Yale Graduate Student Union
I stand behind Local 33 as student workers work towards securing a fair and equitable contract. I urge Yale administrators to recognize its graduate students, research assistants, and teaching assistants as employees, and to recognize Local 33 as the representative body of those employees.
Uplifting student voices and concerns, including through governance structures that formalize an institutional role for student and alumni representatives, is a shared priority of Local 33 and Yale Forward. If elected to the Corporation, I will listen to and advocate for Local 33 members and the broader concerns of students and student workers across campus.
Yale’s Holdings of Puerto Rican Debt
Yale University should not derive profit from predatory loans collected at the expense of the financial security of the Government of Puerto Rico or the health of the Puerto Rican people. Puerto Rico’s unincorporated status as a colonial territory of the United States has left it unable to legally default on its loans, a privilege otherwise extended to all U.S. States, and has resulted in a lack of access to much of the same financial assistance afforded to Americans living in the States.
The fight for economic justice in Puerto Rico is intertwined with their fight for environmental and climate justice. Puerto Rico’s economic hardship has been made substantially worse by Hurricanes Maria and Irma, and the subsequent failure of the federal government to mobilize disaster aid.
Yale's Relationship with New Haven
New Haven residents and workers provide the essential services that keep Yale’s lights on, streets swept, and students fed. Yale’s success as an institution is the result of the hard work not only of its faculty and students, but also of its support staff and the City of New Haven.
Just as the city of New Haven supports Yale, so too should Yale support its New Haven neighbors. And yet, as city taxes have increased to cover a budget deficit and funding to public education has stayed flat, Yale has not meaningfully increased its voluntary contribution, which it pays in lieu of city property tax. Yale has a responsibility to be a good neighbor and partner with the city to ensure adequate funding to cover essential services. It is time to reevaluate Yale’s exemption from city property taxes, which dates back to before the founding of the United States and initially only covered University property valued up to $500.
Police Brutality, the Yale Police Department, and Racial Justice
The ongoing perpetration of violence by police departments and others against people of color, and particularly Black men, is a symptom of centuries of racial injustice in the United States. I mourn the deaths of George Floyd, Breonna Taylor, Ahmaud Arbery, Tony McDade, Philando Castile, Freddie Gray, Michael Brown, Eric Garner, and the many more whose murders did not receive national media attention. I protest the innumerable assaults of unarmed people of color in our communities, especially Stephanie Washington and Paul Witherspoon, who were shot by officers of the Yale and Hamden Police Departments last year.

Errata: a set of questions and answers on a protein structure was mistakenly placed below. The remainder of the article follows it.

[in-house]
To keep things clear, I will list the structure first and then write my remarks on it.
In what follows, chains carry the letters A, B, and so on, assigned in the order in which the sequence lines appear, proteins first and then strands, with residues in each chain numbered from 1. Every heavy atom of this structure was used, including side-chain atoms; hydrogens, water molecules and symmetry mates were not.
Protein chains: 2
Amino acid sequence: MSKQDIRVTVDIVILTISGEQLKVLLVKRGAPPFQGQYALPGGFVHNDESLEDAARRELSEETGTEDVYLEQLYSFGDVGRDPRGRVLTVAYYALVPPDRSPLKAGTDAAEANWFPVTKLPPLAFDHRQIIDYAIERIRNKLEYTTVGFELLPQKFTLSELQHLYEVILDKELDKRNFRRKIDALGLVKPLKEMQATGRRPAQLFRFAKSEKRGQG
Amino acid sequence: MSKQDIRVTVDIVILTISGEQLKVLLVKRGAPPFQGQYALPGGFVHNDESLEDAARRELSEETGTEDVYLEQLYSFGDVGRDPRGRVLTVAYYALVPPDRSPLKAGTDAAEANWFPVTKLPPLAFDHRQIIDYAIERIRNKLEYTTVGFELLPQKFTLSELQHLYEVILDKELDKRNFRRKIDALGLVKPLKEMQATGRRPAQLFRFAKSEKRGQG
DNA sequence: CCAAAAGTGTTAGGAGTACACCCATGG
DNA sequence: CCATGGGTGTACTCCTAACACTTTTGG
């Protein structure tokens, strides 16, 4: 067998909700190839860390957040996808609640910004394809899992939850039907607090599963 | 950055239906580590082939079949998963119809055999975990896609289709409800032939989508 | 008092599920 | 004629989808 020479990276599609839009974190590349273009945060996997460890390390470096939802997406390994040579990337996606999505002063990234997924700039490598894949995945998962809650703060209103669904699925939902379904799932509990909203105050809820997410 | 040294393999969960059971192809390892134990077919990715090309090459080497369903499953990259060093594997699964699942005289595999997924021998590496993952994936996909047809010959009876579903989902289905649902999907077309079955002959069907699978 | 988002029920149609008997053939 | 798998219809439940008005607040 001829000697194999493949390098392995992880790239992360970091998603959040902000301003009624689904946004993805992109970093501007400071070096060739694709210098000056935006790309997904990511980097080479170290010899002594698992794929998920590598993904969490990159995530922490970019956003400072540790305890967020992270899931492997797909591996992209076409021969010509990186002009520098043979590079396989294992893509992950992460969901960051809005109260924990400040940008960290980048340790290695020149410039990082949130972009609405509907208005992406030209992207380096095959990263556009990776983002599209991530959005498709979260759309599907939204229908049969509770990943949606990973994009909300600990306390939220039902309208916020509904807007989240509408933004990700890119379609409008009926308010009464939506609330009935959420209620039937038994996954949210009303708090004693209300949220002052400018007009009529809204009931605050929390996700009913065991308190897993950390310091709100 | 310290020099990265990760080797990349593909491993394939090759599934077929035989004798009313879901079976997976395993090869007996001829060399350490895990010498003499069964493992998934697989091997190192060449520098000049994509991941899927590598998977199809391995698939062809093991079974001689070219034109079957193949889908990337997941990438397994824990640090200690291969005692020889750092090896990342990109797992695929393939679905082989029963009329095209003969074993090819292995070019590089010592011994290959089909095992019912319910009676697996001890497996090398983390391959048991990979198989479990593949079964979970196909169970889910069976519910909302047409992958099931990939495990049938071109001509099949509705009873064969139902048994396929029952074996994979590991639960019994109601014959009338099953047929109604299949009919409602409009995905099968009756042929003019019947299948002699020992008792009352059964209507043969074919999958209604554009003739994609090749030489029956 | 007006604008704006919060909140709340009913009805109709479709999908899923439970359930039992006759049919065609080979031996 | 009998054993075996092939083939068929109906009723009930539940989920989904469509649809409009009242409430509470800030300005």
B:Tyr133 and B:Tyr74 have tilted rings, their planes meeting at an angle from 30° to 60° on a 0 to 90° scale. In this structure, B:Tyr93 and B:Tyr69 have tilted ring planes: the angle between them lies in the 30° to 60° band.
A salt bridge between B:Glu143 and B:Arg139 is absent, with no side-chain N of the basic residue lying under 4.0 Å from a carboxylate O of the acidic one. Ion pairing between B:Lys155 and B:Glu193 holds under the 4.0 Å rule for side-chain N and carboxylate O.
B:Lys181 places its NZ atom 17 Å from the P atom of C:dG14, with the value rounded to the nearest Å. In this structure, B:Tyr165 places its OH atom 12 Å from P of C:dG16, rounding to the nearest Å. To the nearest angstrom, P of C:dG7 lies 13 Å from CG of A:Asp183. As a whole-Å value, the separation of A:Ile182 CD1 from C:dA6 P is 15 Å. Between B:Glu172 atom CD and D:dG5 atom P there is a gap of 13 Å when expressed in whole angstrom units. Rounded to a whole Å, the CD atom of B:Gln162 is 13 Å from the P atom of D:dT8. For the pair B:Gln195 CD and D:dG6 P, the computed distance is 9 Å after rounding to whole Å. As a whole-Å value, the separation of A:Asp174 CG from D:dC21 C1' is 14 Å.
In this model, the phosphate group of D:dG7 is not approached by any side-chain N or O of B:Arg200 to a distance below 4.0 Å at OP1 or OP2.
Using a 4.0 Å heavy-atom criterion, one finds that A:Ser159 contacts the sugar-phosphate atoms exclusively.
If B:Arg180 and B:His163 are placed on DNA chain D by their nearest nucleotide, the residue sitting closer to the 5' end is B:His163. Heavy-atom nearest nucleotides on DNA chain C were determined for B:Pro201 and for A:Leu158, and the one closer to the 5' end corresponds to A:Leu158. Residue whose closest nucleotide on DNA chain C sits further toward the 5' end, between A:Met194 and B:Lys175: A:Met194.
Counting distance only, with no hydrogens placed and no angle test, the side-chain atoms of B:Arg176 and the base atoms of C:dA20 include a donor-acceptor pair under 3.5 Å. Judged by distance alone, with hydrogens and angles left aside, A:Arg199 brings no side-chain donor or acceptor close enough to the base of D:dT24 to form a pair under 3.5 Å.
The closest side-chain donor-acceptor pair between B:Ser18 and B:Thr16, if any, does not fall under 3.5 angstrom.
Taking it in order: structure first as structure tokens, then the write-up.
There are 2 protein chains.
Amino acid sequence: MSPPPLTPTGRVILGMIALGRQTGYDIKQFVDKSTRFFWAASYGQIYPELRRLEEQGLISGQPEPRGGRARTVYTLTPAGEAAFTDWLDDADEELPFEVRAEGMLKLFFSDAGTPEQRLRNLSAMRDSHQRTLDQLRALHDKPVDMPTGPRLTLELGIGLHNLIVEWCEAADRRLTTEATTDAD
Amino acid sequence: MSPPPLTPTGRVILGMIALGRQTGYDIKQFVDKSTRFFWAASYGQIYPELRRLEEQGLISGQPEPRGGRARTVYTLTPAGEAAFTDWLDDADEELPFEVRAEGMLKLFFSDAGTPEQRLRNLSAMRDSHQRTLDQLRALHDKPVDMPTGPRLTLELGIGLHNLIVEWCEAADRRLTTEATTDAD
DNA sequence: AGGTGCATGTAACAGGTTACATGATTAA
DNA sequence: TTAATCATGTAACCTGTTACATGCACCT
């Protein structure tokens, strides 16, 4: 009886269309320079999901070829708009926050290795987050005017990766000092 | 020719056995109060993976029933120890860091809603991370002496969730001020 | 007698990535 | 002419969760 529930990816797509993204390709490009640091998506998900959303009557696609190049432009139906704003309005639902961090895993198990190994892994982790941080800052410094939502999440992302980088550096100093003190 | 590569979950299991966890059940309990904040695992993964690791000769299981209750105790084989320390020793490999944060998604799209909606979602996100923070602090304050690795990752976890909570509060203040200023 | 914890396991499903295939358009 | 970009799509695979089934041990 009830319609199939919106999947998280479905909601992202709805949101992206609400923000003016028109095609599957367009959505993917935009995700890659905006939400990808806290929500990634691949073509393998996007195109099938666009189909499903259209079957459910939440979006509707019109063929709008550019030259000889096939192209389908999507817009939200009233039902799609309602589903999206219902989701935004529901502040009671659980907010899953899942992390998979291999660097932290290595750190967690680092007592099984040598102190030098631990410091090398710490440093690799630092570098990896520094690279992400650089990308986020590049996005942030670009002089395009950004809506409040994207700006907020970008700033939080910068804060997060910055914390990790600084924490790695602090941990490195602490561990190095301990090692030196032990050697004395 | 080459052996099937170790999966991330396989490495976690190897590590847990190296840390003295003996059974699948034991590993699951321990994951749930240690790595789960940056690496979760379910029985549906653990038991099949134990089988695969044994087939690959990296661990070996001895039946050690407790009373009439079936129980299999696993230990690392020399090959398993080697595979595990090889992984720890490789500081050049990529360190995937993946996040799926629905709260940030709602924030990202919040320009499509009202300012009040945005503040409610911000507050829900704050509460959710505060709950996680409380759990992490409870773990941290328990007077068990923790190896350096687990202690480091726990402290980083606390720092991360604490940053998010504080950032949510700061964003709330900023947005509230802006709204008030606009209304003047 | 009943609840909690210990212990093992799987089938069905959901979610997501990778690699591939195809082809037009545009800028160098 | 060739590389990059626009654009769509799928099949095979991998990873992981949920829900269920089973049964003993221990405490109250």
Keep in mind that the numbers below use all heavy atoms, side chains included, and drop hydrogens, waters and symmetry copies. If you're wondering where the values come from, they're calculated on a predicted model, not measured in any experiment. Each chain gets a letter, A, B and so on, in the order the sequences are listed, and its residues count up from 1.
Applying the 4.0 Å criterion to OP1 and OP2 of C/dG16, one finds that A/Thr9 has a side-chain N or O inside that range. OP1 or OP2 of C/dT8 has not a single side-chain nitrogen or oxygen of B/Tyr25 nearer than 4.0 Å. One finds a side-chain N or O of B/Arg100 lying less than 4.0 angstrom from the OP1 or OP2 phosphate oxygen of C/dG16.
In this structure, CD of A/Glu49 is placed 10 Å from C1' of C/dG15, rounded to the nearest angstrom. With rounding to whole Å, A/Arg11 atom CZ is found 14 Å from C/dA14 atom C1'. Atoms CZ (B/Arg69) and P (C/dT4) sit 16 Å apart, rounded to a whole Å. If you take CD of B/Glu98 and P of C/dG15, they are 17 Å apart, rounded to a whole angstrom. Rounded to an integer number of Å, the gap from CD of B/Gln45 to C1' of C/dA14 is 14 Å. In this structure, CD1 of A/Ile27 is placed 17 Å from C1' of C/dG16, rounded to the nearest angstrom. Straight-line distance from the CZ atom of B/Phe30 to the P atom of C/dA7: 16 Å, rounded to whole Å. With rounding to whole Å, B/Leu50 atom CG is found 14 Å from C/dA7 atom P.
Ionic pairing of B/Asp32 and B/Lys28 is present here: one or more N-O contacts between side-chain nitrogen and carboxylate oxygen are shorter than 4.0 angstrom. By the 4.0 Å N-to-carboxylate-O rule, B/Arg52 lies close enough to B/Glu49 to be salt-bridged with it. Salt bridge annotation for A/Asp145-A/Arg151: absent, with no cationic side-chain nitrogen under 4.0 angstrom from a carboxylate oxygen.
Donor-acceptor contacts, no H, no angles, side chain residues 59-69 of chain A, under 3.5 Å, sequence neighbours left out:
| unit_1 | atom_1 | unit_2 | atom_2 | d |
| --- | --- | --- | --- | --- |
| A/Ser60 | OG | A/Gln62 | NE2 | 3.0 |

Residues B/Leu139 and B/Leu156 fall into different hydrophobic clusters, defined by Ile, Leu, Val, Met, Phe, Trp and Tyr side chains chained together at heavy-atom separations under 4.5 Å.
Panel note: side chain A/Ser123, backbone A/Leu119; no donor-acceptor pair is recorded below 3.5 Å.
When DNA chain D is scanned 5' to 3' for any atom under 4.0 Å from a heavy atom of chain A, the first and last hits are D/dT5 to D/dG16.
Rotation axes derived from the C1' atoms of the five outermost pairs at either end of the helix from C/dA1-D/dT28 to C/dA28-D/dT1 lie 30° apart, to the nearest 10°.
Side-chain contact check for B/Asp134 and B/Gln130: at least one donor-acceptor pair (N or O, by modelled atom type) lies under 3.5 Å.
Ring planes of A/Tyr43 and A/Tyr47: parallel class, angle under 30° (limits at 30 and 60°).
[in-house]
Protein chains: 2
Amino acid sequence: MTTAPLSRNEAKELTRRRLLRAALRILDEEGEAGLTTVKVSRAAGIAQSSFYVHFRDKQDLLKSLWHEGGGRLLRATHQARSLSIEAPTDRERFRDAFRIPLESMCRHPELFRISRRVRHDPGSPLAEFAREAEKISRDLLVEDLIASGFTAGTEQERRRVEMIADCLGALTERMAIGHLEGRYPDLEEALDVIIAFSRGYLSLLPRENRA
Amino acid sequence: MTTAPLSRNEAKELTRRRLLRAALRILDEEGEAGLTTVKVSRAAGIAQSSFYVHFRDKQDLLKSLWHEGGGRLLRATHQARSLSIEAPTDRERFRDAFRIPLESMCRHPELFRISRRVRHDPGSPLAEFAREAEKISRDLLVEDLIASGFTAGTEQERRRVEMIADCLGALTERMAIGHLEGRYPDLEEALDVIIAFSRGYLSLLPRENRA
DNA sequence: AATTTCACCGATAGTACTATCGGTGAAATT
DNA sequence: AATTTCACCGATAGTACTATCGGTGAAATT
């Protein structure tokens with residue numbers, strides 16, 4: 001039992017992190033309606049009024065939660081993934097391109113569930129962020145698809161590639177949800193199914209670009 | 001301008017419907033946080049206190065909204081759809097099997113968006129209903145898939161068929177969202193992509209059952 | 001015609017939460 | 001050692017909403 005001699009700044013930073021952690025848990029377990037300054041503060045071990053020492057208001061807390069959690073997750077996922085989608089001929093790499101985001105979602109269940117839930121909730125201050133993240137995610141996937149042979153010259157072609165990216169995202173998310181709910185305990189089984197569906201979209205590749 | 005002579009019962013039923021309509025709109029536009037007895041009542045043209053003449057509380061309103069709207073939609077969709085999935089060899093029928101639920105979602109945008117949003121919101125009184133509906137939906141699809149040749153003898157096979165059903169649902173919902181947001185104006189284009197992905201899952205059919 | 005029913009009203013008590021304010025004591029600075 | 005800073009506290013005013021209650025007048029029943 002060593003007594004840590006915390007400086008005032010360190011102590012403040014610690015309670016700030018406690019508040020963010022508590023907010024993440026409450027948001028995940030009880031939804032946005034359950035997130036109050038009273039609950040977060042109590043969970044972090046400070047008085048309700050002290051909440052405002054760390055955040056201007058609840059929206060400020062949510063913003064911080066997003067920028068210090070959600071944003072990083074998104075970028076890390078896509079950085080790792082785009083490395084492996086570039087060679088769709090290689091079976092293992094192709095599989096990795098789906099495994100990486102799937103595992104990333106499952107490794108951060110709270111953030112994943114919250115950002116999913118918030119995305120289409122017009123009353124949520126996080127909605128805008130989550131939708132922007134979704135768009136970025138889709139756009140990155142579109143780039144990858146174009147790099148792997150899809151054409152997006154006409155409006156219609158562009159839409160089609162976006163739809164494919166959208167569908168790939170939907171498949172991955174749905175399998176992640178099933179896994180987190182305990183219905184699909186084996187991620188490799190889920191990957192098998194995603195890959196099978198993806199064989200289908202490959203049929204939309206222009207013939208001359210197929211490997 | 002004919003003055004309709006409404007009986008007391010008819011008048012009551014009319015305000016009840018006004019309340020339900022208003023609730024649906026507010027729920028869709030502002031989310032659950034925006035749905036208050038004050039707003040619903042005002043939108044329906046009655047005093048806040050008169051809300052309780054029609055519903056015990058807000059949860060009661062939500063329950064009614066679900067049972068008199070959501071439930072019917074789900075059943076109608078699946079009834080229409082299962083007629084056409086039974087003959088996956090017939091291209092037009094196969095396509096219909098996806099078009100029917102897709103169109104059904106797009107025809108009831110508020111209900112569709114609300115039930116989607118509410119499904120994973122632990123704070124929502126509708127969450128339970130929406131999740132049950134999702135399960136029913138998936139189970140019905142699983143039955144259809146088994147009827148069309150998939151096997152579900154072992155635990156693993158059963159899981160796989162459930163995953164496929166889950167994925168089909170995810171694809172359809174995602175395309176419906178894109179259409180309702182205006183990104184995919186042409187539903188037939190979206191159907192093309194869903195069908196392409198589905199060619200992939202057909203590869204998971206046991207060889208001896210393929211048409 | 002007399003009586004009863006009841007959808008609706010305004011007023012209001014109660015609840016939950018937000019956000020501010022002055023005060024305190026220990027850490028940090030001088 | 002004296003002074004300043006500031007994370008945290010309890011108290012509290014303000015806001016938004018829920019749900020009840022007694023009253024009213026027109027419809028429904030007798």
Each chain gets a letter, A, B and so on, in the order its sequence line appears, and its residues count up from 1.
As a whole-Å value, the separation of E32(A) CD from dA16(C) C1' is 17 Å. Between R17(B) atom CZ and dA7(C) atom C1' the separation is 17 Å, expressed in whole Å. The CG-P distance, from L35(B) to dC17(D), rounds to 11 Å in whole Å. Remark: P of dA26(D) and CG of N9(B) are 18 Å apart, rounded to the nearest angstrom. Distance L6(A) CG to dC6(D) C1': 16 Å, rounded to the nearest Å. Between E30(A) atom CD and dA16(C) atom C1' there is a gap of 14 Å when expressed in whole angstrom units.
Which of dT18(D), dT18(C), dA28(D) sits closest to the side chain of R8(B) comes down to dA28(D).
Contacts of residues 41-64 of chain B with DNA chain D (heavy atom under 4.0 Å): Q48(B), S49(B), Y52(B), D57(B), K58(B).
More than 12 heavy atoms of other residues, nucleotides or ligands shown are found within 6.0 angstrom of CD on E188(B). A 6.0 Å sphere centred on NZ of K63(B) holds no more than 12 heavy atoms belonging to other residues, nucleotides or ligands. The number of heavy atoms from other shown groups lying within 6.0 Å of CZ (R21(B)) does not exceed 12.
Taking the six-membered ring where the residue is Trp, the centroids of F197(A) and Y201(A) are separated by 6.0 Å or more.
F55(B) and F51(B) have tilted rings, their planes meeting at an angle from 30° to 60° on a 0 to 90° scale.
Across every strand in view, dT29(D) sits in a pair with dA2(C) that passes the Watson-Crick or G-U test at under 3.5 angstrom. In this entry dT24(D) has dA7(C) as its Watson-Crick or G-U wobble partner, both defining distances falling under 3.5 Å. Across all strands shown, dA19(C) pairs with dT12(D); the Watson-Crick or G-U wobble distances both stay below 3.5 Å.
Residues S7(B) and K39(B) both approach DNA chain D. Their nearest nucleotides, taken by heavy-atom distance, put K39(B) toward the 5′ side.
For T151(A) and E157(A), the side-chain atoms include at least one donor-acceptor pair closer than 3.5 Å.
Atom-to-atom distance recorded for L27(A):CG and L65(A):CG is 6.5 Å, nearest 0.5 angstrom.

I stand with organizations and individuals across the country calling for an end to this violence and for drastic reform to our police departments, including the Yale Police Department. I stand in particular with Yale student and alumni groups and New Haven community groups: Yale Black Alumni Association, Black Students Alliance at Yale, Yale Black Men’s Union, Yale Black Women’s Coalition, New Haven Citywide Youth Coalition, and Black Lives Matter New Haven.
Yale is the funder and manager of the Yale Police Department, and bears responsibility in the ongoing crisis of over-policing and brutality against communities of color. Only 40% of private university campus police departments have armed officers, and I stand with Black Students for Disarmament at Yale in calling to disarm the YPD. Savings associated with this change should be redirected to alternative community programs administered by the City of New Haven.
Disarming the YPD and redirecting funds to alternative community programs will not happen overnight. In the interim, Yale should immediately enforce the 8 Can’t Wait proposals that are proven to decrease police violence. Specifically, Yale currently does not: 1. Require officers to exhaust all alternatives before shooting; 2. Require bystanding officers to intervene and stop excessive force used by other officers; 3. Have a use-of-force continuum restricting severe police weapons to extreme situations; or 4. Require comprehensive reporting every time officers use force or threaten to use force.
Yale has a responsibility to actively participate in dismantling the racial injustices that permeate our institutions. As a first step, Yale should commit to improving faculty diversity, hiring more New Haven residents, providing more support to the City of New Haven, increasing funding for Yale’s cultural centers, and recognizing Indigenous People’s Day.
Race and racism are interwoven in every aspect of our society. Yale is not immune, as we have seen in recent years with the renaming of Calhoun College, named after the pro-slavery 19th century politician John Calhoun. Yale University was founded on the backs of Black slaves: Elihu Yale, the University’s namesake and original benefactor, was a slave trader. The consequences of this intergenerational oppression continue to permeate our lives today, and it is our responsibility to grapple with and overturn these injustices.
Black lives matter.